WEST PALM BEACH, Fla. – Ahria Bass didn’t just get a head start on her college education while in high school, she completed her associate in the arts degree with Honors College distinction.
Now the Palm Beach State College dual enrollment student and aspiring neurosurgeon will cross the stage at the 2 p.m. fall commencement ceremony on Dec. 19 to celebrate her achievement – five months before she is set to graduate from Seminole Ridge High School.
The ceremony will be at the South Florida Fair Expo Center in West Palm Beach. It is the second of two being held by PBSC that day for its more than 3,000 fall graduates.
“It’s been an amazing opportunity,’’ said Bass, who also completed by her junior year the requirements for her University of Cambridge Advanced International Certificate of Education (AICE) diploma, an international curriculum and examination system that emphasizes the value of broad and balanced study.
That qualifies her for a Bright Futures Scholarship covering 100 percent of her tuition.
“At first, I didn’t know if I could handle it, but my mom just kept pushing me,” she said. “I’ve had so many different options and resources.
It’s been really great.”
Bass is among two dual enrollment students graduating this fall and an increasing number with the discipline and stamina to handle the rigors of earning an associate degree while in high school.
In the spring, 35 dual enrollment graduates earned an A.A. degree, the highest ever. However, not all dual enrollment students complete the degree requirements the semester before their high school graduation and while also pursuing the Honors Gold diploma, the most rigorous track in the Honors College While juggling college and high school, Bass works part time at a shoe store and is actively involved at PBSC in the Phi Theta Kappa Honor Society, Psychology Honor Society and Honors Student Advisory Council where she serves as secretary.
She also is captain of the varsity cheerleading team at Seminole Ridge and a member or officer of numerous clubs and organizations. She completed her A.A. degree while facing numerous personal challenges for herself and her family.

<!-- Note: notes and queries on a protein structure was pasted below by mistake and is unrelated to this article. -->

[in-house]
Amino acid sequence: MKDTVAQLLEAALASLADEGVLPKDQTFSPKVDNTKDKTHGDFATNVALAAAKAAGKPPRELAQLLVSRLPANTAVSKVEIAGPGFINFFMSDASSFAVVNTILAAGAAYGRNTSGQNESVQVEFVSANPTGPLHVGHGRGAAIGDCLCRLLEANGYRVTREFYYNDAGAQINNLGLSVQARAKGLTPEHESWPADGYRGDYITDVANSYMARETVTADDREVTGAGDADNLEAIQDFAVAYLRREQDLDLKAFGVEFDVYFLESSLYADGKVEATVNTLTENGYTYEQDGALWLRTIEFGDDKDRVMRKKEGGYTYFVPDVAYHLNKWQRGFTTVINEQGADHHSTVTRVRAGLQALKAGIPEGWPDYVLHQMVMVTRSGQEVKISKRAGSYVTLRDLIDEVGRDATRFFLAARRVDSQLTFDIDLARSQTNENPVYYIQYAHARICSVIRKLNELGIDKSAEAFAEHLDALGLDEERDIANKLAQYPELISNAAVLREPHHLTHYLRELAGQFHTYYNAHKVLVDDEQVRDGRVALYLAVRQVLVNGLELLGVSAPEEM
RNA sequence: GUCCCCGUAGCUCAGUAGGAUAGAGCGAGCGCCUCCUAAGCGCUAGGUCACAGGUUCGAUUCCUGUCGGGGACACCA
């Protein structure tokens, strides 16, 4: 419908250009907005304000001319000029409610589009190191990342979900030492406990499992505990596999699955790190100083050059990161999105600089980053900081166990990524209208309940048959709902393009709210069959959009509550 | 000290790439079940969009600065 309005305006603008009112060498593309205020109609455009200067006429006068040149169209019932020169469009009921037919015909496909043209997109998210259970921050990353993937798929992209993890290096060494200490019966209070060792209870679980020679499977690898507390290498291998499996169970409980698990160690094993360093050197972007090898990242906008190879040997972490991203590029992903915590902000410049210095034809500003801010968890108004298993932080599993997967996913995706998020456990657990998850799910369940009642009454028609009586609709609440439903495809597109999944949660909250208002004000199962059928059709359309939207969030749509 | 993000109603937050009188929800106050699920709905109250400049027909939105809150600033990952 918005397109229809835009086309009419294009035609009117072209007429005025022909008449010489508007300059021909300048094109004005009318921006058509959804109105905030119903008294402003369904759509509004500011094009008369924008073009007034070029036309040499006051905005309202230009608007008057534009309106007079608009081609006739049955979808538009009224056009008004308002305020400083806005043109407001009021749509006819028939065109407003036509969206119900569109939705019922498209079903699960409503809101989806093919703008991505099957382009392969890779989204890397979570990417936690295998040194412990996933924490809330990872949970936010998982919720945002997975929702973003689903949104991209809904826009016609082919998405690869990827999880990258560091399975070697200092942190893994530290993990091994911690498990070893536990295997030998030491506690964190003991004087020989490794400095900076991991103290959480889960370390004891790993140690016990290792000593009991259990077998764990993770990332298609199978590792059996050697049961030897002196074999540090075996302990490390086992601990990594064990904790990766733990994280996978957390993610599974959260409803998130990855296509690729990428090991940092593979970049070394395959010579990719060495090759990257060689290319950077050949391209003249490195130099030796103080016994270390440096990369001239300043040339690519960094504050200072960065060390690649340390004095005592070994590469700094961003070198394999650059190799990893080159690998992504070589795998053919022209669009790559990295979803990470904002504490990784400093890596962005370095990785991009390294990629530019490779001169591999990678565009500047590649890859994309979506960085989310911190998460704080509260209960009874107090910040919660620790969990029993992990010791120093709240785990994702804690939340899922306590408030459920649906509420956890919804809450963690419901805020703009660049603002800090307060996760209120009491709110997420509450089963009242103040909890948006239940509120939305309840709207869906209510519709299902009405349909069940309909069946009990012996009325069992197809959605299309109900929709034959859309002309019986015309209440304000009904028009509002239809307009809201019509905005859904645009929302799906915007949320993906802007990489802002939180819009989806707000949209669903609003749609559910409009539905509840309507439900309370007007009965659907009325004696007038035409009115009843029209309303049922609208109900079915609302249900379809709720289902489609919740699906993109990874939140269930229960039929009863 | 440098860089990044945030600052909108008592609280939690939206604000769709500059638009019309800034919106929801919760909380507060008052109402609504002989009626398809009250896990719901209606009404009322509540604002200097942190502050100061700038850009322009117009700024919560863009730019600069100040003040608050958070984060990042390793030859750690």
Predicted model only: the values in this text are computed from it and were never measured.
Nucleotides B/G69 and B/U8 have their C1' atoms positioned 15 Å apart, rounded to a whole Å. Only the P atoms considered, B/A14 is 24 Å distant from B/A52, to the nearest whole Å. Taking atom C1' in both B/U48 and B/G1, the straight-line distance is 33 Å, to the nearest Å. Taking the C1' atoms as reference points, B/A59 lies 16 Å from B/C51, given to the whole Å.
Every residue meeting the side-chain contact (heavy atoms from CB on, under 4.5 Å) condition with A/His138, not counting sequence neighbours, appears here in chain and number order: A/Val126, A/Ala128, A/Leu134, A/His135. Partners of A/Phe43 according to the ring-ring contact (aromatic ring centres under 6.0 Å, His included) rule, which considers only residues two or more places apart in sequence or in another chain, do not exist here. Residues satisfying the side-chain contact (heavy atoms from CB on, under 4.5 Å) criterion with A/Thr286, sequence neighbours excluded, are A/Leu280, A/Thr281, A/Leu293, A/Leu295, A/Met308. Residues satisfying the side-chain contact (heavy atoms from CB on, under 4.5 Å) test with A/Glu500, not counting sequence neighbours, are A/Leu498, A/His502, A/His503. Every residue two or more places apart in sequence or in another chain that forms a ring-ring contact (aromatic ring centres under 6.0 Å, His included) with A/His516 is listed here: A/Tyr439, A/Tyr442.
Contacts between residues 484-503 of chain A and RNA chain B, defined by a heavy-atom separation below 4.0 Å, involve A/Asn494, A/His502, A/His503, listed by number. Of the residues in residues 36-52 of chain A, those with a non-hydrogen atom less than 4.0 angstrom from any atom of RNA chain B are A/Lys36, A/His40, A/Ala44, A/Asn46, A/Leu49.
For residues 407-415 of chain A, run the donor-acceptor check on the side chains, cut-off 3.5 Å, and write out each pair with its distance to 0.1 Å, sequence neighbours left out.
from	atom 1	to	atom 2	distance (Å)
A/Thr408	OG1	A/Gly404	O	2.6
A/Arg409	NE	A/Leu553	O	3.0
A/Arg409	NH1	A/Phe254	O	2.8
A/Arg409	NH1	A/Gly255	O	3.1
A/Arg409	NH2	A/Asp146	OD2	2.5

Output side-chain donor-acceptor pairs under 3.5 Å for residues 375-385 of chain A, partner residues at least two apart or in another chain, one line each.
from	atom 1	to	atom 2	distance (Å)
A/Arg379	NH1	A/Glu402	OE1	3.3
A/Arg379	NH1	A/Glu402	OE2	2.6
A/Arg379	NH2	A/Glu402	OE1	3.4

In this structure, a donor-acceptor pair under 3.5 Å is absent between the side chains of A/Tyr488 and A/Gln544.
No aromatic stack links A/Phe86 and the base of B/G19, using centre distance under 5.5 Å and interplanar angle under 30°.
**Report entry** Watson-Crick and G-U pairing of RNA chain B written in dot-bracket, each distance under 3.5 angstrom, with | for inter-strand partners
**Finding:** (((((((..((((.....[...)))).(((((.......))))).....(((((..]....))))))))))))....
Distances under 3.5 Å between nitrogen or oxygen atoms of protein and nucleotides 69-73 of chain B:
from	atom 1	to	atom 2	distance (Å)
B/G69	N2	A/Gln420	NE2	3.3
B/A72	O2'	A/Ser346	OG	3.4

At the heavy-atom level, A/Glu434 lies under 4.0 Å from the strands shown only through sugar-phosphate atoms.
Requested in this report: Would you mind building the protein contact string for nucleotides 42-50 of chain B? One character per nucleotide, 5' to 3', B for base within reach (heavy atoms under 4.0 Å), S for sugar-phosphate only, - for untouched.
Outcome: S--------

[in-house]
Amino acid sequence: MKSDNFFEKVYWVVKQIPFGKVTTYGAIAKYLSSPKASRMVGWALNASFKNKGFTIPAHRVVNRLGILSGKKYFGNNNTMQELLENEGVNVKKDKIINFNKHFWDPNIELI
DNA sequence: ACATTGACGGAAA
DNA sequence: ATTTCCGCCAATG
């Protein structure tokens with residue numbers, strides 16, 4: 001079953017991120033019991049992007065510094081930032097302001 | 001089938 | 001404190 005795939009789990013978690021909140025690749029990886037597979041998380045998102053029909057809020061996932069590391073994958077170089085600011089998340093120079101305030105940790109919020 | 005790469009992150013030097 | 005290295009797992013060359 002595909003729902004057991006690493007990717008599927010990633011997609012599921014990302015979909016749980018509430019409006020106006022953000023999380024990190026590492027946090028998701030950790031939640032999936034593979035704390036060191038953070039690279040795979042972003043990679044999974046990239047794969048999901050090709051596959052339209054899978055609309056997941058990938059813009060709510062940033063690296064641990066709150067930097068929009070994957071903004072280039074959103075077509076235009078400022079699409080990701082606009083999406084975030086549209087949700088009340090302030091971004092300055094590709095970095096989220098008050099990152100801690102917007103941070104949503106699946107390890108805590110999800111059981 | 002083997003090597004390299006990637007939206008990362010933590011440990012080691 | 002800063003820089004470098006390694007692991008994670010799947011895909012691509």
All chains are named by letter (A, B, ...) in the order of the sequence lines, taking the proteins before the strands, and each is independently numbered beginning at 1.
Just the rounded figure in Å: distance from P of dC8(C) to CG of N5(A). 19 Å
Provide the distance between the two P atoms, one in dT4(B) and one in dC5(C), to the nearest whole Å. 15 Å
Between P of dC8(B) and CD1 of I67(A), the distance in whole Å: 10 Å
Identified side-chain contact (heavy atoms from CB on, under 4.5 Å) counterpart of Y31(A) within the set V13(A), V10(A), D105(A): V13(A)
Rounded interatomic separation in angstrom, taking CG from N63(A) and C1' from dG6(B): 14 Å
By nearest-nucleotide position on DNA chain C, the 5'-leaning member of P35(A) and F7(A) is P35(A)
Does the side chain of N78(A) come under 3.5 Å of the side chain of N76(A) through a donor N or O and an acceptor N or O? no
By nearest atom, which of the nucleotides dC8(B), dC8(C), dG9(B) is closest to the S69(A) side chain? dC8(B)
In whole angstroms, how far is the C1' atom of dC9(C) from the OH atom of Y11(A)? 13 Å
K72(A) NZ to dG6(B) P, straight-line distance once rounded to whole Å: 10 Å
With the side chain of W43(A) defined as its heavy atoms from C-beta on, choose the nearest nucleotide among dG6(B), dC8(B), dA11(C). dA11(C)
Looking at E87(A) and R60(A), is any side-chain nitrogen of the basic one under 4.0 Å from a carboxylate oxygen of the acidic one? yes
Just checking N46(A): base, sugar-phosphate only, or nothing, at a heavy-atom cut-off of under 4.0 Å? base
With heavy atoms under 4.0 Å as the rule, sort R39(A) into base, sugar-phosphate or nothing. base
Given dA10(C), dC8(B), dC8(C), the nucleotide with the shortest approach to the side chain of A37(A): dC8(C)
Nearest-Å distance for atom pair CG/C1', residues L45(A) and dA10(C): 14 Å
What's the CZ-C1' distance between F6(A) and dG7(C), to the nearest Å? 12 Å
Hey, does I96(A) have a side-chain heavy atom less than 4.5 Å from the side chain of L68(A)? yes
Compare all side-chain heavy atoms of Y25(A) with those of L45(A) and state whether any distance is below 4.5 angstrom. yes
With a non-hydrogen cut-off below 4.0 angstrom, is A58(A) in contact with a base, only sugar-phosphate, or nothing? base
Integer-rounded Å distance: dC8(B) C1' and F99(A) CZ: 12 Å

“Ahria is a hard-working student. She really acclimated nicely to the Honors College community,” said Marcella Montesinos, Honors College manager. “Students see her not as a teenager from high school, but as a respected college student whose opinions and input they value. I’m proud of all that she has been able to accomplish in such a short period of time.”
Bass said she maintains a calendar to stay organized. “I’m not overwhelmed or anything,’’ she said, noting that the only thing she had given up was being on the competitive cheerleading team.
“I learned to do homework in between classes. It’s just about time management.” Fallon Johnson said she is proud of her daughter who, until the birth of her son five years ago, was an only child.
“I’m ecstatic. She’s such a giving person, and she pushes me to want to be better. I look at her as an inspiration. I measure my success by the success of my children, or in this case, Ahria.”
Bass said her next step is to complete her bachelor’s degree in psychology and neuroscience. She has applied to 11 colleges, including public and private institutions in Florida, as well as several Ivy League schools and is waiting to see where she will land.
In the meantime, she plans to take more prerequisites for her bachelor’s program in the spring term before starting her bachelor’s in fall 2019.